If the cover art for A White Rose in Bloom has a familiar feel to it, that’s because this manga is by Asumiko Nakamura – the creator of Classmates: Dou Kyu Sei. Having read Classmates, I was curious to see what the mangaka’s take on a yuri series would be like and, upon reading the first volume, I’ve walked away with similar feelings about the two works, both in regards to their strengths and weaknesses.
Ruby’s parents are considering a divorce but want to make one last effort at making their marriage work. To that end, they decide to go on a trip over the Christmas holidays, just the two of them. This leaves Ruby alone and forced to spend Christmas at her boarding school dorms, where the only other people around will be a few staff members and the one other student who’s not returning home: Steel Steph! Steph is beautiful, but aloof, and rumors about her have spread all over the school, so Ruby is initially furious about being stuck there with no one else to talk to during her vacation. The lack of any other companionship winds up drawing them together, however, and Ruby soon realizes that Steph isn’t as cold-hearted as she’d first thought. But will the two of them remain friends once classes start up again after the break? And is what Ruby truly wants from Steph friendship, or is it something else?
Asumiko Nakamura has a very distinctive art style that may not be for everyone, but which I’ve always found appealing. It’s minimalistic and the characters are all lanky, have somewhat pointed features and dramatically full lashes. This style gives the characters in A White Rose in Bloom an ethereal feel to them and I enjoy how unique the art looks.
The plot, on the other hand, feels a bit cookie-cutter. Everything about the setup – the boarding school location and the main character being an ordinary but open-hearted girl who’s in love with an austere older classmate – are all very common yuri tropes and there isn’t really anything about the story that feels fresh. This might be considered something of a “hot take”, but I felt similarly about Classmates. I didn’t dislike that series by any means, but it did feel like Nakamura had taken the formula for a standard boys love manga and, instead of adding a twist or some new element, just stuck to the basic recipe. I’d say that she’s done something similar here, but with yuri. On the one hand, this does make A White Rose in Bloom feel like a classic yuri manga and I can’t say that the story doesn’t work, it’s actually quite solid, but, on the other hand, there isn’t anything here that feels exciting.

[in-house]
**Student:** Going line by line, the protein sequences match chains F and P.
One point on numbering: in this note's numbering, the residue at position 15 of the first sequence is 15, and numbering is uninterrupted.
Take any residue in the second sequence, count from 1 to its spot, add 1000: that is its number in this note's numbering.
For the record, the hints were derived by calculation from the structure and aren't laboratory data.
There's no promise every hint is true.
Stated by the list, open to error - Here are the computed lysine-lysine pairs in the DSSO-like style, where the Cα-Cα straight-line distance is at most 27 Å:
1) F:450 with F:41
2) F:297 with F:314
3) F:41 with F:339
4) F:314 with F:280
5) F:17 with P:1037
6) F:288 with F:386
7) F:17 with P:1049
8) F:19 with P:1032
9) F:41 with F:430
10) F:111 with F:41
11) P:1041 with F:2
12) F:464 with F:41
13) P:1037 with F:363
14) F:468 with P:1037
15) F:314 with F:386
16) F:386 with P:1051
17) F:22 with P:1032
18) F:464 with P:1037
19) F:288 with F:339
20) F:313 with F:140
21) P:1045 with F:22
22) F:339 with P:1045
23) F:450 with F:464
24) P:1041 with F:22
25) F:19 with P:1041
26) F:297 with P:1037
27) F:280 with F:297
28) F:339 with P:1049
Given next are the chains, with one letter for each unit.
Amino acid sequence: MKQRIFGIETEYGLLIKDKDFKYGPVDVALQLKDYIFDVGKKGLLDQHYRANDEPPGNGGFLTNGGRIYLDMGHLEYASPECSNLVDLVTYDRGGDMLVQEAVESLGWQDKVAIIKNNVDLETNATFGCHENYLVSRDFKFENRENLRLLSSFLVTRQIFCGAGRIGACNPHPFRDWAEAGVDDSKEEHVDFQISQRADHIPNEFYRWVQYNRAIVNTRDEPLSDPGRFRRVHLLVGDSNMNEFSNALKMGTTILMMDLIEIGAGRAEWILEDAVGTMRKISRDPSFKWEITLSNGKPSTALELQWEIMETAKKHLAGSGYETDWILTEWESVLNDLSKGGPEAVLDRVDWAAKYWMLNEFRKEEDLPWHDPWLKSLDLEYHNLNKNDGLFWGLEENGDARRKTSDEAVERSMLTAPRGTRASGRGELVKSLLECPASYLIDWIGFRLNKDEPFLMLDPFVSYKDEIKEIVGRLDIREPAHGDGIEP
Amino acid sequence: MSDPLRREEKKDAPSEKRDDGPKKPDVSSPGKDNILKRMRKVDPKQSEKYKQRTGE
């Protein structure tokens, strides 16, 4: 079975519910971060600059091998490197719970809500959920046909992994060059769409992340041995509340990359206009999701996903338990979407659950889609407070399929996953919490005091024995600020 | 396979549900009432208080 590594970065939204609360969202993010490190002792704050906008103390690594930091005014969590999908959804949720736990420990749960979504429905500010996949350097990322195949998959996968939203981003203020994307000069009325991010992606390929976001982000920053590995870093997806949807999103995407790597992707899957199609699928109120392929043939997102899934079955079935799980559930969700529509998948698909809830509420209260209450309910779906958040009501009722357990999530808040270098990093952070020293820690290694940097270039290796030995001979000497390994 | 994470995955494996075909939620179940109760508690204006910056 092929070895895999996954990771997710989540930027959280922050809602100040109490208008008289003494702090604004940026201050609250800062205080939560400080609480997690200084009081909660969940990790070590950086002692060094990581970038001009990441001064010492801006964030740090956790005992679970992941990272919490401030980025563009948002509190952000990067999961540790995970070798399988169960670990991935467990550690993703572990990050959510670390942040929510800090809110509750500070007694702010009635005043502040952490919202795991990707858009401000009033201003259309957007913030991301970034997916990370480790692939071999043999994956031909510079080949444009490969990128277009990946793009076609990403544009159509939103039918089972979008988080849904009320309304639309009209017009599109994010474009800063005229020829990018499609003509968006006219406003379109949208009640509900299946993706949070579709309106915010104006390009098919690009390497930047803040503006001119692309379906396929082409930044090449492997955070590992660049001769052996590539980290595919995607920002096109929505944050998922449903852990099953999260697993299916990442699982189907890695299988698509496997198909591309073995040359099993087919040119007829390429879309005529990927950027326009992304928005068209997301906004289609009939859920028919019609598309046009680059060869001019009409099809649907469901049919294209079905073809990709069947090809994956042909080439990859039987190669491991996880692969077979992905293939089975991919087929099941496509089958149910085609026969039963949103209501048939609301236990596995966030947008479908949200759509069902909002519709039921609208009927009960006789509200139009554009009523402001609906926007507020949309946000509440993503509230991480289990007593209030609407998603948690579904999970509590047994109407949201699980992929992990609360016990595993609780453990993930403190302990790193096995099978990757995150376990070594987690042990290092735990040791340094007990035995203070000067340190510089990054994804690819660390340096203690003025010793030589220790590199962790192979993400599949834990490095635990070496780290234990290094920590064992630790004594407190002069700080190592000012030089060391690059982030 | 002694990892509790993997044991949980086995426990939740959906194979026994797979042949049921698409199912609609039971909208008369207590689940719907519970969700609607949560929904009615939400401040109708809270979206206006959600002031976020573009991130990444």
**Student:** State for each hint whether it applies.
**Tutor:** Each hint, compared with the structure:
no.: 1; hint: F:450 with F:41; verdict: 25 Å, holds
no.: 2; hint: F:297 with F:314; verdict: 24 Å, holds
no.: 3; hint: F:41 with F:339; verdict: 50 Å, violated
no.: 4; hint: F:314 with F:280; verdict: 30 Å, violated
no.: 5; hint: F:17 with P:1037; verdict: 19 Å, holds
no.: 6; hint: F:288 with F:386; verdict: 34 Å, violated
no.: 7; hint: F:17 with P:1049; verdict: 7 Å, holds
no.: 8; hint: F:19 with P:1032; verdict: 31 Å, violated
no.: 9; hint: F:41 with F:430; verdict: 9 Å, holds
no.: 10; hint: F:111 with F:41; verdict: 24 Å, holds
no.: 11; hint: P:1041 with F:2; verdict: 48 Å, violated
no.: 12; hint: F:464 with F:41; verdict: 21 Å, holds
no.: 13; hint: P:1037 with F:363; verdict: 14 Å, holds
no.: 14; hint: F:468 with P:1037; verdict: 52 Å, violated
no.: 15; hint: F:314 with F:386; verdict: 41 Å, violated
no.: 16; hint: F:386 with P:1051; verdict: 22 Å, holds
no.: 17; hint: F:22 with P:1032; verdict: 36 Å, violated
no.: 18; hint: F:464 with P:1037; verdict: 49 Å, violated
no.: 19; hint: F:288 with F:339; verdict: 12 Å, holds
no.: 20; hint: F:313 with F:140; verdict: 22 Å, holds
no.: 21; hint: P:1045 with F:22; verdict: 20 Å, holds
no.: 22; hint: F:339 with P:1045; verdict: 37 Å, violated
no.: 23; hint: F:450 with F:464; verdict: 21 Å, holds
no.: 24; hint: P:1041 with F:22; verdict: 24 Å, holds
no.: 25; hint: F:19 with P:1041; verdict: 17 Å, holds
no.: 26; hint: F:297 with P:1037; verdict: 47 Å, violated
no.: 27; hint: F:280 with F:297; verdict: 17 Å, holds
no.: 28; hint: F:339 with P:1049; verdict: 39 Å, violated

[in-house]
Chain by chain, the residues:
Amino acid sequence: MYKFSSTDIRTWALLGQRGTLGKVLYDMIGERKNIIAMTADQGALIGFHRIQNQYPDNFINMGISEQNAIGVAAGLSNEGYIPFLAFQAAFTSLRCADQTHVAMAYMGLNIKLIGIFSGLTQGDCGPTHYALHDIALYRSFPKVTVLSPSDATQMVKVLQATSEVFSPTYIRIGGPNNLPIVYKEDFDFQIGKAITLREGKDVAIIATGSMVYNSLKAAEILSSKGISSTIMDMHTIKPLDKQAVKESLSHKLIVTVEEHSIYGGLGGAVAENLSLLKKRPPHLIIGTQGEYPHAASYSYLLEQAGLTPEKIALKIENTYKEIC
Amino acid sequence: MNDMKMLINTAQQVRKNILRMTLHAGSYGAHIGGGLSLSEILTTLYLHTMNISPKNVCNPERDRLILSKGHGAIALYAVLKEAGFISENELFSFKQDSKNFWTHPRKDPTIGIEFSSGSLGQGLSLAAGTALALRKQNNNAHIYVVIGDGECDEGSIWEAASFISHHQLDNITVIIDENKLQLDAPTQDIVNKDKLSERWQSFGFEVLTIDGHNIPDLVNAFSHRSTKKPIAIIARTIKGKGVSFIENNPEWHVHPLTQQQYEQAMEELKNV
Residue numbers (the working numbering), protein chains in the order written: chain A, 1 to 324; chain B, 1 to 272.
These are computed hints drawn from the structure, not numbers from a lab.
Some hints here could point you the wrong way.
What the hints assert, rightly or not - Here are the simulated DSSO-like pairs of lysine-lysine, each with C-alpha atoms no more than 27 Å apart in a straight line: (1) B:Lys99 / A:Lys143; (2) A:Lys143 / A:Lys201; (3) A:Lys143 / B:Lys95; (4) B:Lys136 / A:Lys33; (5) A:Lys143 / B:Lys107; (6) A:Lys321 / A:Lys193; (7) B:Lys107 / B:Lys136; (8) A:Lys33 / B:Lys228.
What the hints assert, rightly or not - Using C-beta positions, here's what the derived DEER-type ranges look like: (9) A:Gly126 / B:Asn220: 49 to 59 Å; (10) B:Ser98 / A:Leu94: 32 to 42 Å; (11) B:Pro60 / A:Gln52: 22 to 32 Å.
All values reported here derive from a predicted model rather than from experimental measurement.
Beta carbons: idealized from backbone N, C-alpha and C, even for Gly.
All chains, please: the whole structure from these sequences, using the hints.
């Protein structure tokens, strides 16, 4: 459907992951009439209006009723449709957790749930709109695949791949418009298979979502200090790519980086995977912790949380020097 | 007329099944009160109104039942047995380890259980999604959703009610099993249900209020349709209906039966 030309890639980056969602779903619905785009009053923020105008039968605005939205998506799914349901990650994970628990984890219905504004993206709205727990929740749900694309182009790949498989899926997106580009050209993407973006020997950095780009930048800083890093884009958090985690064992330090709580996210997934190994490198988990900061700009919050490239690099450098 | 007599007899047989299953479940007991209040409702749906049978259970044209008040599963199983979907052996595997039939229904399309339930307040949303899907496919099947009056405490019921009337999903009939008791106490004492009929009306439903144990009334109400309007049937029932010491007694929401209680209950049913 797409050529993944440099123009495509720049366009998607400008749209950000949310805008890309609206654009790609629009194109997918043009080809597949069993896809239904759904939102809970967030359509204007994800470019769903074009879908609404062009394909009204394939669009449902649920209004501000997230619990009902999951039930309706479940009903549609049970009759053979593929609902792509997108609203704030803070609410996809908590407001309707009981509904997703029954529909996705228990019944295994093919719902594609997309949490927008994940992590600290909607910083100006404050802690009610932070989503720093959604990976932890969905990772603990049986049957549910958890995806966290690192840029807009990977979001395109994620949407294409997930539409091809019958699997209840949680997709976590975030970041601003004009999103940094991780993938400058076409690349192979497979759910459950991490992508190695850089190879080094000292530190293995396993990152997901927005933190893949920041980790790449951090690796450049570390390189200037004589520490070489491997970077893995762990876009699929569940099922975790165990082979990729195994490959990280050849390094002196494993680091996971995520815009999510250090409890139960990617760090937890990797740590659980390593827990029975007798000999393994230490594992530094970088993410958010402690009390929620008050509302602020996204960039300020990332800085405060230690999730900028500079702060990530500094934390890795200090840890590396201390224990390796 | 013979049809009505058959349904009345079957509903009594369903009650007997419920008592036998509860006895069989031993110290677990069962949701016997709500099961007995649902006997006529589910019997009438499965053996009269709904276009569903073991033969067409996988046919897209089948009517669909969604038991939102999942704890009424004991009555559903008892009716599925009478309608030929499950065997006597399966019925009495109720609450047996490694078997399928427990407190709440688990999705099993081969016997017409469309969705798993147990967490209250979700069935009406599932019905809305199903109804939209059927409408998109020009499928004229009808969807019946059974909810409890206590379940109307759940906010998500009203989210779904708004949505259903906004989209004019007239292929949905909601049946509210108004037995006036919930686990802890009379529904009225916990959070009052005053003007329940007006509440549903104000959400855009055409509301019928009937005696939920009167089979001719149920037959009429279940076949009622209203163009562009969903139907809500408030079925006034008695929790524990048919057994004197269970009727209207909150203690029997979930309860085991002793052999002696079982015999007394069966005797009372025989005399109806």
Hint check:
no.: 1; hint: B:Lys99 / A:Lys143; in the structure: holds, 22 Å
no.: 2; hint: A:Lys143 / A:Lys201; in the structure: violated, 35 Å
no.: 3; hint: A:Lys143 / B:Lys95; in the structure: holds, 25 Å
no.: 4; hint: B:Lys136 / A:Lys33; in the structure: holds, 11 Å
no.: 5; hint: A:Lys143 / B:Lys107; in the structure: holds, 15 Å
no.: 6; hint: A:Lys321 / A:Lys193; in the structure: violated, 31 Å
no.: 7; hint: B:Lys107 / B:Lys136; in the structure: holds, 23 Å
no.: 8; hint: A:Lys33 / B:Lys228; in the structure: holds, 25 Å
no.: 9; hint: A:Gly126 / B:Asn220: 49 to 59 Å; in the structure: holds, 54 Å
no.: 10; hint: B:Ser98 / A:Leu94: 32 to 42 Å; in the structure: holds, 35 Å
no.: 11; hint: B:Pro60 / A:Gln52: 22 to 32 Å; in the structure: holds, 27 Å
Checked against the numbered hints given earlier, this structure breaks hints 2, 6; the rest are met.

While I wasn’t blown away by the story, I did like Ruby as a main character; she can be immature at times, but she has spunk and isn’t afraid to speak her mind. Steph is a bit of an enigma and it’s hard to tell what she’s thinking because she’s so unforthcoming, but I was intrigued by what we’ve learned about her past as a refugee and I’m interested to learn more about her.
So, in the end, I’m planning to pick up volume 2 and see where things go from here.
If you’re a fan of Asumiko Nakamura’s other works, I’d definitely recommend checking this manga out. Yuri fans will also likely find this an enjoyable read, provided that you’re not looking for anything revolutionary.
Final Score: 7 out of 10
What did you think of this manga? Anyone disagree with my take on Classmates? Let me know in the comments!
For more information on this series, check out Seven Seas Entertainment’s website.
Be sure to check out some of my other recent yuri manga reviews:
- Strawberry Fields Once Again Vol 1 Review
- Days of Love at Seagull Villa Vol 1 Review
- Whisper Me a Love Song Vol 1 Review
- A Witch’s Love at the End of the World Vol 1 Review
- I Love You So Much, I Hate You Review
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The refugee aspect sounds interesting, and I hope the author actually does something with it (explain her past) instead of just labeling her as one and moving on.
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Same here. So far, very little of Steph’s past has actually been explained. I’ll be disappointed if things stay that way.
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